Around 11 PM on August 21, 1955, eight people showed up at the Hopkinsville, Kentucky police station in a state of panic. “We need help,” one gasped. “We’ve been fighting them for nearly four hours.” They quickly explained that the “them” were aliens — creatures with glowing yellow eyes, silvery skin, and long arms who had swooped in from out of the sky. While it may have sounded outlandish, multiple witnesses soon corroborated the story.
On the evening of August 21, 1955, five adults and seven children arrived at the Hopkinsville police station claiming that small alien creatures from a spaceship were attacking their farmhouse and they had been holding them off with gunfire "for nearly four hours". Two of the adults, Elmer Sutton and Billy Ray Taylor, claimed they had been shooting at "twelve to fifteen" short, dark figures who repeatedly popped up at the doorway or peered into the windows.
Concerned about a possible gun battle between local citizens, four city police, five state troopers, three deputy sheriffs, and four military police from the nearby US Army Fort Campbell drove to the Sutton farmhouse located near the town of Kelly in Christian County. Their search yielded nothing apart from evidence of gunfire and holes in window and door screens made by firearms.
Residents of the farmhouse included Glennie Lankford, her children, Lonnie, Charlton, and Mary, two sons from a previous marriage, Elmer "Lucky" Sutton, John Charley "J.C." Sutton, and their respective wives, Vera and Alene, Alene’s brother O.P. Baker, and Billy Ray Taylor and his wife June. Both the Taylors, "Lucky" and Vera Sutton were reportedly itinerant carnival workers that were visiting the farmhouse. The next day, neighbors told two officers that the families had "packed up and left" after claiming "the creatures had returned about 3:30 in the morning.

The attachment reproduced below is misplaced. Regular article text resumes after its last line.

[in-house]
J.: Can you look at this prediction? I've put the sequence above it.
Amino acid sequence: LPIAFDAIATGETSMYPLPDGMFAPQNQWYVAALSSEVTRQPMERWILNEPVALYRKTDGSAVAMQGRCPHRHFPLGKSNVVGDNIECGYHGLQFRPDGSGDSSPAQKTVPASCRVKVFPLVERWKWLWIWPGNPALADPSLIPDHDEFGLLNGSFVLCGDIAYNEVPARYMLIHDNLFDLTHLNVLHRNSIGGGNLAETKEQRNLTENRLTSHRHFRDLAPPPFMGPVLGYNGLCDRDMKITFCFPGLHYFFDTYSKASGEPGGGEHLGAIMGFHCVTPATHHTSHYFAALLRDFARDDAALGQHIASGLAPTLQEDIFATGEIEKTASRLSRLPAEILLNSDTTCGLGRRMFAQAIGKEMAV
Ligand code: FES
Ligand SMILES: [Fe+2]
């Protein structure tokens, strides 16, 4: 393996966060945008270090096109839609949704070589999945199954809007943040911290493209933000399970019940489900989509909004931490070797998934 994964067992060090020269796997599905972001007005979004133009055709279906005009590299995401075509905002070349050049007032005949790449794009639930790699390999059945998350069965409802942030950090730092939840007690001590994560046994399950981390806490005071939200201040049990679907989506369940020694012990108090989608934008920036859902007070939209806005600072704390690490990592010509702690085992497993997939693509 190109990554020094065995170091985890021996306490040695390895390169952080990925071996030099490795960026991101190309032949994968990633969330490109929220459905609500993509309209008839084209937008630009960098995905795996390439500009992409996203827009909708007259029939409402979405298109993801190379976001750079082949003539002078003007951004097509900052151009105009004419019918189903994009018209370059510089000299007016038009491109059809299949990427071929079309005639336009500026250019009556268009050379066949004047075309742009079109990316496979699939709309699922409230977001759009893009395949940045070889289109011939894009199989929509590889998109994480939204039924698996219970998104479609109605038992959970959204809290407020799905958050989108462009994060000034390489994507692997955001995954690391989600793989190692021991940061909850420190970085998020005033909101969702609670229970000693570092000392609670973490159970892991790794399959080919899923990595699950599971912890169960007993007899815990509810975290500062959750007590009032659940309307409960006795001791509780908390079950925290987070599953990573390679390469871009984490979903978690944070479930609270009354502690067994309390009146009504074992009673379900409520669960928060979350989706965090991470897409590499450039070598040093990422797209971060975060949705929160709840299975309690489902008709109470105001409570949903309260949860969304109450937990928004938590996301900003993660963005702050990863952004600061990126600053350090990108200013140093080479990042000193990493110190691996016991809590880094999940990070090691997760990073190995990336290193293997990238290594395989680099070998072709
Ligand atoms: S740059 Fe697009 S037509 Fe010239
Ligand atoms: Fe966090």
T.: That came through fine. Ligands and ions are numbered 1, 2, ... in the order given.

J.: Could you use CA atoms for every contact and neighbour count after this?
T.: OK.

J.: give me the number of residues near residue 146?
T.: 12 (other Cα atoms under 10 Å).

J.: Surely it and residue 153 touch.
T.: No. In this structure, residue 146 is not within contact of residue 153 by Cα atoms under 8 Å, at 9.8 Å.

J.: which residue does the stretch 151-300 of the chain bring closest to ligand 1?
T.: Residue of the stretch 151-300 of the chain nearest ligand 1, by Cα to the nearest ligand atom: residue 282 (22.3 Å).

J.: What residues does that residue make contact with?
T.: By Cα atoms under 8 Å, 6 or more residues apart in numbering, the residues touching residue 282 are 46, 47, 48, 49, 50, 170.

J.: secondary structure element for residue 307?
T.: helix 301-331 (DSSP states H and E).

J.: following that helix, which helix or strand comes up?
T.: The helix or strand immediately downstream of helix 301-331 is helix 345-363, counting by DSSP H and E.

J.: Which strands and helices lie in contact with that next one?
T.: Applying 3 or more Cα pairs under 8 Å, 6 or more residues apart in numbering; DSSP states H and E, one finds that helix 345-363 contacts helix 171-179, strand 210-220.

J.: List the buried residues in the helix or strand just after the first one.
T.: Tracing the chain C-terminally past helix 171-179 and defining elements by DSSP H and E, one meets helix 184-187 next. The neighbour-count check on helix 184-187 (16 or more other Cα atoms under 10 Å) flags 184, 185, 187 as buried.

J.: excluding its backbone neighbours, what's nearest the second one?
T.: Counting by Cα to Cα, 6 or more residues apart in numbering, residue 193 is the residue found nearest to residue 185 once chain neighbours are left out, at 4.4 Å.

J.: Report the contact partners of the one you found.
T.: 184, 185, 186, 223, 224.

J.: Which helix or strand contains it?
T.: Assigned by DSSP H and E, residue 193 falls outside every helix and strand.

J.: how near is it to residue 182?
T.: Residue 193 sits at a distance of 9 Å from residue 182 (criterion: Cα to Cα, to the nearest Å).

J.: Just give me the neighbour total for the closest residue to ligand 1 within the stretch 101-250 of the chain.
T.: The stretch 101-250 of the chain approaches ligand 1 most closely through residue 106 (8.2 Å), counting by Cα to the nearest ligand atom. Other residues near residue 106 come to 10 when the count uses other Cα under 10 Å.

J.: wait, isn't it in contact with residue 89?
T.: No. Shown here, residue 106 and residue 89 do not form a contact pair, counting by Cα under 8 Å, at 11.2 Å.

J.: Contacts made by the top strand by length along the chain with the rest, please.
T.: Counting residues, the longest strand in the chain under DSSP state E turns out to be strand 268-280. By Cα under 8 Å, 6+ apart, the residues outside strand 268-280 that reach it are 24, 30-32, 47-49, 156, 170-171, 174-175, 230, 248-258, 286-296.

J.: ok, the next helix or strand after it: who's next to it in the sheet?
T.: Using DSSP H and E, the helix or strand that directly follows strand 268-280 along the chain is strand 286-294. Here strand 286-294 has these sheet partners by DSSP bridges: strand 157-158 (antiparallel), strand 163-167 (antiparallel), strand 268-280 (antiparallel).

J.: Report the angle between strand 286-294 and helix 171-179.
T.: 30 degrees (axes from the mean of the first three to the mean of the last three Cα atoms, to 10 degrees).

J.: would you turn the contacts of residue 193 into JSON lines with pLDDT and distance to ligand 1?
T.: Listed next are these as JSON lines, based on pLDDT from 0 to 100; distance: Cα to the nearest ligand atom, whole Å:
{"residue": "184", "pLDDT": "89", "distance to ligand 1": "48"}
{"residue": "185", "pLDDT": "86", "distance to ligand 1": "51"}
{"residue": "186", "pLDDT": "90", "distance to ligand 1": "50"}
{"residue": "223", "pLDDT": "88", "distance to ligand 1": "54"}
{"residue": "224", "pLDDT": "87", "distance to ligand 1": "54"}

Committee for Skeptical Inquiry member and skeptic Joe Nickell notes that the family could have misidentified "eagle owls" or great horned owls, which are nocturnal, fly silently, have yellow eyes, and aggressively defend their nests. According to Nickell, meteor sightings also occurred at the time that could explain Billy Ray Taylor’s claim that he saw "a bright light streak across the sky and disappear beyond a tree line some distance from the house".
According to author Brian Dunning, "there are simply too many similarities between the creatures reported by the families and an aggressive pair of the local Great Horned Owls, which do stand about two-thirds of a meter tall".